The intellectual Left has grown accustomed to dominating public institutions so the push-back against CRT comes as a surprise to them. They better get used to it because the anti-woke movement is gaining momentum in challenging this ideology.
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Beginning about a decade ago, critical race theorists began having tremendous success in promulgating their concepts of system racism, white privilege, implicit bias and so on. Their theories infiltrated universities then moved on to lower education and government agencies. It has since been swallowed wholesale by many multi-billion dollar corporations. For a long time, conservatives were completely ignorant of this pernicious influence and were, therefore, mostly silent on the issue.
Last year marked a watershed in the history of this cynical movement when President Trump brought critical race theory to the national consciousness by issuing an executive order banning the use of critical race theory in any federal agency.
This fueled increased interest in critical race theory as well as efforts by journalists and other concerned citizens in documenting its negative impact. As a result of this increased awareness, several states have put forth legislation that seeks to ban critical race theory on the grounds that they advocate for the essentializing of race, the concept of collective guilt and even enable abuse and harassment of individuals along racial lines.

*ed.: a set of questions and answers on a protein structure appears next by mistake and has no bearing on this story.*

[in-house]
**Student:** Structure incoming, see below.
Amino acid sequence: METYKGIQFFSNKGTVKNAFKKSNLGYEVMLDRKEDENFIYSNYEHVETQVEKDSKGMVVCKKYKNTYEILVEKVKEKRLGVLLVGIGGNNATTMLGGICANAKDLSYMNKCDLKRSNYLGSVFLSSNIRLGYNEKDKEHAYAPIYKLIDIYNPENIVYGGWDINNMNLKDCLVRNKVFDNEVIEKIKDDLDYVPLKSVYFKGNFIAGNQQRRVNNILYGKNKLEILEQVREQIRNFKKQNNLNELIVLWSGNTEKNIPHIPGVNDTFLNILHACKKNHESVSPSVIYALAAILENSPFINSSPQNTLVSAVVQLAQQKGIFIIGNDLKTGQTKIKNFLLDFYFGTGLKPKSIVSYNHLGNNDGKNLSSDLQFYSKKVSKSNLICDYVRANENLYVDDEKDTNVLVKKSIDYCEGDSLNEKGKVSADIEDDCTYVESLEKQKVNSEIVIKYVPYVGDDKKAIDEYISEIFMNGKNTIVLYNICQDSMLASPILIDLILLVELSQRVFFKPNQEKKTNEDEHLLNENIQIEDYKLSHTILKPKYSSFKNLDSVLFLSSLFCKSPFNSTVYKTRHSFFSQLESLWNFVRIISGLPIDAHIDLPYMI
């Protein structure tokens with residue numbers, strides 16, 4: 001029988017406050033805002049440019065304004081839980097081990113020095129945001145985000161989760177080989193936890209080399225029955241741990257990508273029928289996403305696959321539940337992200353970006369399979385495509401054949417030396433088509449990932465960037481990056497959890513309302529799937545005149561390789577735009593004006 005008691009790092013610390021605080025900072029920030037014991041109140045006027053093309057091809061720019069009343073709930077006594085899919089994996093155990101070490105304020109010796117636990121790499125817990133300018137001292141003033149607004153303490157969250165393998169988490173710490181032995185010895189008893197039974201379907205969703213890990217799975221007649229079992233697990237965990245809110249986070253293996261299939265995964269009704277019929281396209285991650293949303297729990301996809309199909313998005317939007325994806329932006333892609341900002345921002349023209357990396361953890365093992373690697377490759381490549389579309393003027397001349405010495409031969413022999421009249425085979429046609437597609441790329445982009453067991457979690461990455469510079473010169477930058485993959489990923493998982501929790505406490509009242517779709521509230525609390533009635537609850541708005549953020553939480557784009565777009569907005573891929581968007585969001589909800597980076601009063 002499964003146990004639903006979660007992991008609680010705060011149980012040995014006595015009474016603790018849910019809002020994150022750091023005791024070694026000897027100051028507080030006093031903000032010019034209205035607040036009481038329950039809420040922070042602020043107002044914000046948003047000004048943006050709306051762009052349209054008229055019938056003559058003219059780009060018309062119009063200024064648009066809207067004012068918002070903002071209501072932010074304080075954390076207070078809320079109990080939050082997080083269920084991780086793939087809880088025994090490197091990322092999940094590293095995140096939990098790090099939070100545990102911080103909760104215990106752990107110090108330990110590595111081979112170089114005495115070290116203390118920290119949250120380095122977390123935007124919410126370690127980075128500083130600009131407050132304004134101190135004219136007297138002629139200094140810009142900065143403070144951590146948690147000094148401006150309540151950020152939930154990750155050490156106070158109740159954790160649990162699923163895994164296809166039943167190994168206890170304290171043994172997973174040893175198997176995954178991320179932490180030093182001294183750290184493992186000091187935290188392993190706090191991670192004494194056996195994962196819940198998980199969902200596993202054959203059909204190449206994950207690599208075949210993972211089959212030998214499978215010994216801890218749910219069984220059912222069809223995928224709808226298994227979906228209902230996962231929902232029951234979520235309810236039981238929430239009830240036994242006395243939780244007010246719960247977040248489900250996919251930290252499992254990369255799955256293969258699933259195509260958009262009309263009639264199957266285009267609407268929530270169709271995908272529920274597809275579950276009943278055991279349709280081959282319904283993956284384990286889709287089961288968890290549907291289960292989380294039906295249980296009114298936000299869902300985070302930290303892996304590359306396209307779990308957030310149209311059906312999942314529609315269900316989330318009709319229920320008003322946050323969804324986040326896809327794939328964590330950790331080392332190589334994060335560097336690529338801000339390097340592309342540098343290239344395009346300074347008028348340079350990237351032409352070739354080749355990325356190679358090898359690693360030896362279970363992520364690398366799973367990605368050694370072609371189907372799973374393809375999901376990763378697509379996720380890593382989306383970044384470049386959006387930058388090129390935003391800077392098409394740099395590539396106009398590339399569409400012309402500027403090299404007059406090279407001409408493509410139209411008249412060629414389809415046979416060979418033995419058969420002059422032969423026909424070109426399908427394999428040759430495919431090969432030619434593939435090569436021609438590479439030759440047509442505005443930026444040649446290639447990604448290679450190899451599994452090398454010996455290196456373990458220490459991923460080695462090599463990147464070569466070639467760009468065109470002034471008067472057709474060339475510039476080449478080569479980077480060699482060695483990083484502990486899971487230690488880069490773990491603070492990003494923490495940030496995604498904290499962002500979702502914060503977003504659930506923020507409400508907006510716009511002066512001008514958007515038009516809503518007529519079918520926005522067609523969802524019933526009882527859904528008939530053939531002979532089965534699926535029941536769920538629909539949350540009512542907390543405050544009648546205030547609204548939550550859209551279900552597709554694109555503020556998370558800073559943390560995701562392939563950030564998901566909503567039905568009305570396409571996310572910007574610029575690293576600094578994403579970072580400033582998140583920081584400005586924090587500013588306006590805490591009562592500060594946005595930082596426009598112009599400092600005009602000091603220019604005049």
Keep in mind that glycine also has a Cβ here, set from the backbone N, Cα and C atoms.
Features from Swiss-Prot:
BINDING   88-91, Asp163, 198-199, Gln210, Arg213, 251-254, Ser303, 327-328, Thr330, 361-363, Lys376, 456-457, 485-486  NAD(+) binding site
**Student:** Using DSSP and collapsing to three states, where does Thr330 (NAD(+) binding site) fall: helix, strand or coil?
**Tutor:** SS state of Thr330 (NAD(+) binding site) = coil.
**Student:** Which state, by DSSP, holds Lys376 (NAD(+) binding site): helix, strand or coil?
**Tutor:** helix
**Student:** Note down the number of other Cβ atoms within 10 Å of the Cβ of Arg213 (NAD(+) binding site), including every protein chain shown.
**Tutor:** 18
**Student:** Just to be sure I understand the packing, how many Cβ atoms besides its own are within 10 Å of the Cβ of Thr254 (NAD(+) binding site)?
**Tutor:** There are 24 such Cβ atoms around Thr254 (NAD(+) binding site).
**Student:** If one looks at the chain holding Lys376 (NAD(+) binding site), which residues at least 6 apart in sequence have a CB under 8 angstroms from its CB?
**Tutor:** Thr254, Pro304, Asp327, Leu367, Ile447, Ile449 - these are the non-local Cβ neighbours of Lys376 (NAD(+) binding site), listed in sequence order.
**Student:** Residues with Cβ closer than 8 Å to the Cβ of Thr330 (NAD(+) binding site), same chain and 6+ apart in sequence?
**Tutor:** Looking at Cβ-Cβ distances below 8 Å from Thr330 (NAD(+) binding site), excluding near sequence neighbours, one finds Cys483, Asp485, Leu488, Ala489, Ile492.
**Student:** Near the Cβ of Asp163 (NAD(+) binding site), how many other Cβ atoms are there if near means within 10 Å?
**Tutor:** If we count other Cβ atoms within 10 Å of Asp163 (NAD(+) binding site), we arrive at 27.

The Left was quick to cry foul, claiming that this was a conservative attempt to shut down wokeness. This narrative has been exposed to be as meritless as critical race theory itself, given that many black intellectuals, most of whom are decidedly left of center, are among the most prominent voices pushing back against these theories. This group includes Glenn Loury, John McWhorter, Coleman Hughes, Thomas Chatterton Williams and many more.
As the public debate has heated up, many of CRT’s critics have called for civil and public debate over these issues given the sway these concepts have had in many dimensions of our society. Coleman Hughes recently reported that Ibram Kendi, the author of the much-celebrated book “How to Be an Antiracist” declined his invitation to engage in a public debate on the issues. Kendi declined and, to date, he remains one of the only supposed academics and public intellectuals who is unwilling to subject his ideas to rigorous debate and public scrutiny.
Our society and politics appear to be on the edge of a precipice. If we are to avoid violence, the only tools we have at our disposal are dialogue and conversation.